Opinion: Economic justice means loving Memphis in the public eye

We have a plan for our parks and greenways, our Downtown, our workforce development, then why not a plan to address the biggest obstacle staring us in the face?  A locking of arms that says we will not be a community where this economic imbalance exists for future generations to toil over. 
This guest post is contributed by Darrell Cobbins, president and CEO of Universal Commercial. Cobbins will join four other Memphis business leaders for "Economic Justice in the City," a speaker event hosted by High Ground News at Clayborn Temple on February 28. Find out more about the free event here.

The respected theologian and professor Dr. Cornel West says that “Never forget that justice is what love looks like in public.” 

In the context of economic justice, in Memphis and beyond, we must ask ourselves continually “where is the love?” How have we manifested our love for Memphis, and more importantly our fellow Memphians, through the prism of economics? 
 
There is no doubt that to examine our economics and and history, we must not be apprehensive to examine race as a component if we are to be authentic and honest in our pursuit of real solutions. 
 
Memphis’ history as a cotton metropolis for centuries created generational wealth that still benefits Memphis’ economic and philanthropic initiatives to this very day. 
 
Conversely, that same history has also contributed to generations of Memphians on the outside looking into the window of prosperity.  We cannot shy away from acknowledging this reality of historical economic imbalance if our goal is to create a better Memphis for future generations.
 
In late 2012, the Commercial Appeal published several installments of “POVERTY, Inc.” where reporters delved deeply into local poverty as an engine within the Memphis economy estimated at $200M+ annually.  It highlighted personal stories of the daily struggles of many individual Memphians as well as the public policy that funds and subsidizes initiatives and families in Memphis. 
 
After reading this important piece of work, I have long awaited the follow-up piece that should be entitled WEALTH, Inc., to illuminate the wealth and prosperity that exists in Memphis in spite of the high poverty rate that has persisted for so long.  Maybe this could better assist us in understanding this “Tale of Two Memphises” that exists since we have for decades focused so much attention on how much poverty exists. 
 
In 2015, a study performed by New York-based financial technology firm Smart Asset had Shelby County was ranked the No. 1 county in Tennessee for inherited wealth and No. 78 in the nation, which is ahead of Nashville/Davidson County by a wide margin. No county in Georgia, Alabama, Louisiana, Mississippi, Arkansas, Missouri or Kentucky ranked higher.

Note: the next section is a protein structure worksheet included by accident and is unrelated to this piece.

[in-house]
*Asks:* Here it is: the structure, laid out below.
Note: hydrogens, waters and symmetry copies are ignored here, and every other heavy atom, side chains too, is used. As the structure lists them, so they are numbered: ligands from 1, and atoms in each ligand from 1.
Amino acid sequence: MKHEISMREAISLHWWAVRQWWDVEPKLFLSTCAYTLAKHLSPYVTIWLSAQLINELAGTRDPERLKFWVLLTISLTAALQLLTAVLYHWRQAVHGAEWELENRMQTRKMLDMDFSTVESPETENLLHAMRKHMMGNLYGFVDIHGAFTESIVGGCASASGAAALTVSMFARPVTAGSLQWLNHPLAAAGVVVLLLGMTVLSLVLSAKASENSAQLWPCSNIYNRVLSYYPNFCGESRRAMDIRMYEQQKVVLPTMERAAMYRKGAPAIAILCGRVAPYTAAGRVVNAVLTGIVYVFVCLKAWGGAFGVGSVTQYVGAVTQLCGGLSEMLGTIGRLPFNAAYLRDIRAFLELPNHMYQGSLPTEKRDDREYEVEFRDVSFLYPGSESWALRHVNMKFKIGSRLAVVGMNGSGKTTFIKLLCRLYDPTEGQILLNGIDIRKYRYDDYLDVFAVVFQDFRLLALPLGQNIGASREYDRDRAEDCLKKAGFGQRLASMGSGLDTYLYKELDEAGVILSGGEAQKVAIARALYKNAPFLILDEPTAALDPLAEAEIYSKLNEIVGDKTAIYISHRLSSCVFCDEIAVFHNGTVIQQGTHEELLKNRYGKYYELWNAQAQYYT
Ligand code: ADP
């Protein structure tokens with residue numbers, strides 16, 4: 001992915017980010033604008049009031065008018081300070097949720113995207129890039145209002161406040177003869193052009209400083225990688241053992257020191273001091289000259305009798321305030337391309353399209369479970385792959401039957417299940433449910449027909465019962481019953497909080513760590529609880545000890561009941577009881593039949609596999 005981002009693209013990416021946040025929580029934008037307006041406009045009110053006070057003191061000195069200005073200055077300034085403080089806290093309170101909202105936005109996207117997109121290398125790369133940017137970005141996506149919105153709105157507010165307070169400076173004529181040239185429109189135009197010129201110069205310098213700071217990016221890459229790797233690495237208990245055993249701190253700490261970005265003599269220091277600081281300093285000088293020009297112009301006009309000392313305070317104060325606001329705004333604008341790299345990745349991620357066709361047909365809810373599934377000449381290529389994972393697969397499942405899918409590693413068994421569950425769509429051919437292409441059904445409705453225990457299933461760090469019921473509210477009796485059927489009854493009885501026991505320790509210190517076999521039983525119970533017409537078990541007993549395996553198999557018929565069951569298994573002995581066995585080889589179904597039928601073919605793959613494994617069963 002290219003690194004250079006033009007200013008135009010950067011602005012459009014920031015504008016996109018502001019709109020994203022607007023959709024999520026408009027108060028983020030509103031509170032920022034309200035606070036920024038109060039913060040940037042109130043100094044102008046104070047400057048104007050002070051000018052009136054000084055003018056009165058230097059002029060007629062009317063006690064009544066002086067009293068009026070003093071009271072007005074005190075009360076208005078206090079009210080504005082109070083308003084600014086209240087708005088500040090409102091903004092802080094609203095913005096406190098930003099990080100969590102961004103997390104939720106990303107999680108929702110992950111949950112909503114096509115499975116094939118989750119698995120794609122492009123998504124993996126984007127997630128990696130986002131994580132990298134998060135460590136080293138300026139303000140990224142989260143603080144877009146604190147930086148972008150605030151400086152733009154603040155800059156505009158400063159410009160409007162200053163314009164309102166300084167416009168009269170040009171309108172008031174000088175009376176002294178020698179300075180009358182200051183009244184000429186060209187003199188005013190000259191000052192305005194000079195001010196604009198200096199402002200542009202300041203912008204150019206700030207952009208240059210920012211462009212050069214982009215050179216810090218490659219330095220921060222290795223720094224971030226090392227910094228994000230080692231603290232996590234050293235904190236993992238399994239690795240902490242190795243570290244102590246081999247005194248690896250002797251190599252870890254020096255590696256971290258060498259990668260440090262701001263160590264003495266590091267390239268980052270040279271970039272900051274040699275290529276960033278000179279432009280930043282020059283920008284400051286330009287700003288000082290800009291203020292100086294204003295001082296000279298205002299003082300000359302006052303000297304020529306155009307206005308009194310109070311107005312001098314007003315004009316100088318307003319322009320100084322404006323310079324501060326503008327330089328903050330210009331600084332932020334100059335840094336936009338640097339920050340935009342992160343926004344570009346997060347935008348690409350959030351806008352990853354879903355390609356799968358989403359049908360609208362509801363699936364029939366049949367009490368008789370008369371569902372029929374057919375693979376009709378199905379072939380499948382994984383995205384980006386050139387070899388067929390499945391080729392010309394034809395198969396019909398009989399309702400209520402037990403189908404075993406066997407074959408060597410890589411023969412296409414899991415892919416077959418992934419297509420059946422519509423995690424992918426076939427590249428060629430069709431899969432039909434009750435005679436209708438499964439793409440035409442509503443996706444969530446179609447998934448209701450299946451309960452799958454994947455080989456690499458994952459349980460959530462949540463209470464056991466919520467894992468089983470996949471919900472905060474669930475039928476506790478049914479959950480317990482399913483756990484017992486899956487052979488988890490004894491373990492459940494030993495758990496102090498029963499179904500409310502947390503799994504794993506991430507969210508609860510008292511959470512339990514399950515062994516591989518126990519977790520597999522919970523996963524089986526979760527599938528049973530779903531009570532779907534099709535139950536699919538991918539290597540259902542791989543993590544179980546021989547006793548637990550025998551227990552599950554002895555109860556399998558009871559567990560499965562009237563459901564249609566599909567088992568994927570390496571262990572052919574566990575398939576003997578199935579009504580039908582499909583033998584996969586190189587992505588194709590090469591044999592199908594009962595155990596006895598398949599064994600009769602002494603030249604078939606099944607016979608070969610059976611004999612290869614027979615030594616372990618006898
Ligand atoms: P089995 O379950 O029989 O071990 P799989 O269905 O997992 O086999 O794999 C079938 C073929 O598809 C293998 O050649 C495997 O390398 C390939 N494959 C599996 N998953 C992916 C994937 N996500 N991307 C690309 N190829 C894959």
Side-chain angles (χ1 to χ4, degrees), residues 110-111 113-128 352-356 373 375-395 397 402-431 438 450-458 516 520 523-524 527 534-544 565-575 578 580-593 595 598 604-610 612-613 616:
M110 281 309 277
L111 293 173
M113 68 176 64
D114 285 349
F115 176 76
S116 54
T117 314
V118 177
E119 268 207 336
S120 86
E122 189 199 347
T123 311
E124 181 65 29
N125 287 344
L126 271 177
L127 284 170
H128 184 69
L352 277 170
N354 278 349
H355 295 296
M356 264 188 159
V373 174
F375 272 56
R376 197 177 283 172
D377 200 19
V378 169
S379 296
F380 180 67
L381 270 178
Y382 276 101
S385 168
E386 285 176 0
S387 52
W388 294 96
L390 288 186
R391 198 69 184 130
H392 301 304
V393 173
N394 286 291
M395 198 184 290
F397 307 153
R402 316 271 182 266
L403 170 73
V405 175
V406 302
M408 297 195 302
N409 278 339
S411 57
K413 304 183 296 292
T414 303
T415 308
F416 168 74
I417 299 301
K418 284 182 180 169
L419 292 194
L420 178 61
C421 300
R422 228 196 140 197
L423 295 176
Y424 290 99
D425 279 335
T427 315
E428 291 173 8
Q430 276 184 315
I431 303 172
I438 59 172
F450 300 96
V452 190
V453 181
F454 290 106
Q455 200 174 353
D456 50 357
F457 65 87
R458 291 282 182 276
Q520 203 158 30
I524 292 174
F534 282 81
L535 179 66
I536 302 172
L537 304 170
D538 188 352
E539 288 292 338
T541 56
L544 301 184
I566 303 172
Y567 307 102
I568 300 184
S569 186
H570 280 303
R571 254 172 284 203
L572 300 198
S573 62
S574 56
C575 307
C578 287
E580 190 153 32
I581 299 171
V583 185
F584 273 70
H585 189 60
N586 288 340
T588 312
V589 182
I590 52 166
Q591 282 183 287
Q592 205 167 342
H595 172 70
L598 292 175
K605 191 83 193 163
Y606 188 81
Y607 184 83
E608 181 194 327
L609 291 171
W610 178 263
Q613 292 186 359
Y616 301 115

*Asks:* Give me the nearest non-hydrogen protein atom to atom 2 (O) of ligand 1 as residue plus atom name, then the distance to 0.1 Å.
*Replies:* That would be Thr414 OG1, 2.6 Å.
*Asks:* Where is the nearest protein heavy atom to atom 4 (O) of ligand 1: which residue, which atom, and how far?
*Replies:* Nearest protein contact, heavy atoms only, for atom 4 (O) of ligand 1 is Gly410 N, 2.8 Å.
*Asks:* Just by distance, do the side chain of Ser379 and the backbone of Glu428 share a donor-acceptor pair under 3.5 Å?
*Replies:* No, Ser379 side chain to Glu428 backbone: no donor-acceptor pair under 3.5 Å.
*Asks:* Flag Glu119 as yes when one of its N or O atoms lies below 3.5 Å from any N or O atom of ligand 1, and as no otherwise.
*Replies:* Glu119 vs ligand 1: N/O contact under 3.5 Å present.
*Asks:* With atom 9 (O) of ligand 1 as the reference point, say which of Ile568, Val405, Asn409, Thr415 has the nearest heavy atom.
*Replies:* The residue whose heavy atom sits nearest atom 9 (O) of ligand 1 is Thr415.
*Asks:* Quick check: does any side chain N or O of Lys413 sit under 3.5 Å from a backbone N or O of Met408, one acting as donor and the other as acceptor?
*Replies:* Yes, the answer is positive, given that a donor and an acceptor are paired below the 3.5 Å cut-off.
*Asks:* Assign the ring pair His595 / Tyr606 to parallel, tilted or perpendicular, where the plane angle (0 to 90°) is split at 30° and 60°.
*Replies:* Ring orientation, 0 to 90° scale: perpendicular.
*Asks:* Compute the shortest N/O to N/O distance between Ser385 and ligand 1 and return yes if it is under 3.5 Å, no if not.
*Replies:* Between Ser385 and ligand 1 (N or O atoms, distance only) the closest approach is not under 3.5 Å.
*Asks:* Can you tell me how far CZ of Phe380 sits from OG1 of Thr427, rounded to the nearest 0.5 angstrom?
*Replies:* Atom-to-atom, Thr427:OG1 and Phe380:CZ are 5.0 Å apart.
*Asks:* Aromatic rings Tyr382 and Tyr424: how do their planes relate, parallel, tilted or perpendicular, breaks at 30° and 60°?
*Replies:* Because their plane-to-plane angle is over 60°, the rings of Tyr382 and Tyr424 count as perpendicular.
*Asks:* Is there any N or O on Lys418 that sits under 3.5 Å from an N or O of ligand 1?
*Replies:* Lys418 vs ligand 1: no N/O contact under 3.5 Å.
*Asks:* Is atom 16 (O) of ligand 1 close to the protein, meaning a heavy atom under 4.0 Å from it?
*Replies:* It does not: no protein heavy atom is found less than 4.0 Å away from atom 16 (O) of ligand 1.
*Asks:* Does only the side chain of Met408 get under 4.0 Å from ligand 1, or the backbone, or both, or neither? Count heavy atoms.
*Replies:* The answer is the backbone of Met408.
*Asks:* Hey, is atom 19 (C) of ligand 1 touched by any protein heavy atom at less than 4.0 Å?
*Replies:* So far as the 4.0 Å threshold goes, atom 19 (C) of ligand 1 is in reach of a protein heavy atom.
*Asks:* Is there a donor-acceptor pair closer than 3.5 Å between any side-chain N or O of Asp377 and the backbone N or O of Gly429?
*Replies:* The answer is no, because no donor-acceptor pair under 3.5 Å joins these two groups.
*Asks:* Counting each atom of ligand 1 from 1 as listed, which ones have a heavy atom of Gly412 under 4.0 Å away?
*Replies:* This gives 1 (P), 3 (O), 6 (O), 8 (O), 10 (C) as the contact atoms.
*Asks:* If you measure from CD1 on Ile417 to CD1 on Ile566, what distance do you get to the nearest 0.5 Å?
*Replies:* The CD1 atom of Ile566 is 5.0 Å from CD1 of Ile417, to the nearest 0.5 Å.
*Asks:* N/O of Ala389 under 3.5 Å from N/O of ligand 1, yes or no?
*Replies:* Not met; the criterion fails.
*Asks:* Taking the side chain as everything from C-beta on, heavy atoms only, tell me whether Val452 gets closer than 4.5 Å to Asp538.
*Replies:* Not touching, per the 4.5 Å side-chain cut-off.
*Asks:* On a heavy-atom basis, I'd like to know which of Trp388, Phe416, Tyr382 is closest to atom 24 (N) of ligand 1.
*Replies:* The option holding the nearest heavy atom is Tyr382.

In mid 2015, the bipartisan economic think tank Economic Innovation Group, in a report published in the Washington Post, ranked Memphis as the city in the nation with the highest economic disparity citing that 68 percent of its population lives in distressed areas. Coming in a distant second was Fresno, California with 48 percent. 
 
A thorough examination at both ends of this spectrum would be beneficial to Memphis in fostering a deeper understanding how we arrived where we are today, in an economic context, and help us chart a path forward that can effectively help grow prosperity in more corners of Memphis.
 
The esteemed author and social critic James Baldwin wrote, Not everything that is faced can changed, but nothing can be changed until it is faced.
 
We can all agree that there have been significant strides socially in our community over time. We eat together, socialize, attend sporting events, concerts, serve on our boards and work hand in hand together all in the “grit-n-grind” spirit that has come to define Memphis and being a Memphian. 
 
The one area that plagues and impedes our progress is that of the economic imbalance that has persisted for generations and the opportunity cost for our city that accompanies this imbalance.  The business term “opportunity cost” is defined as “the loss of potential gain from other alternatives when one alternative is chosen.”
 
Crime, fatherless households, inadequate educational attainment, workforce readiness, blighted neighborhoods all have a root that connects back to the symbolic albatross of too many Memphians not fully participating and contributing to the local economy.
 
This is why privately I have urged specific local philanthropic and civic institutions to invest in the creation of a comprehensive plan to address the entrenched systemic poverty in Memphis. 
 
We have many social service organizations working tirelessly to address issues that derive from our severe economic imbalance. They should be lauded for their commendable love and dedication to deal with what most consider an intractable issue.
 
My desire, however, is to see a knitting together of the work of these organizations into a unified collective response with responsibility, accountability, and periodic reporting to the broader community on moving the needle in the opposite direction of where it is pointing today.
 
We have a plan for our parks and greenways, our Downtown, our workforce development, then why not a plan to address the biggest obstacle staring us in the face?  A locking of arms that says we will not be a community where this economic imbalance exists for future generations to toil over. 
 
It ends on our watch. Then, and only then, will we be able to demonstrate to the nation what loving Memphis looks like in public.
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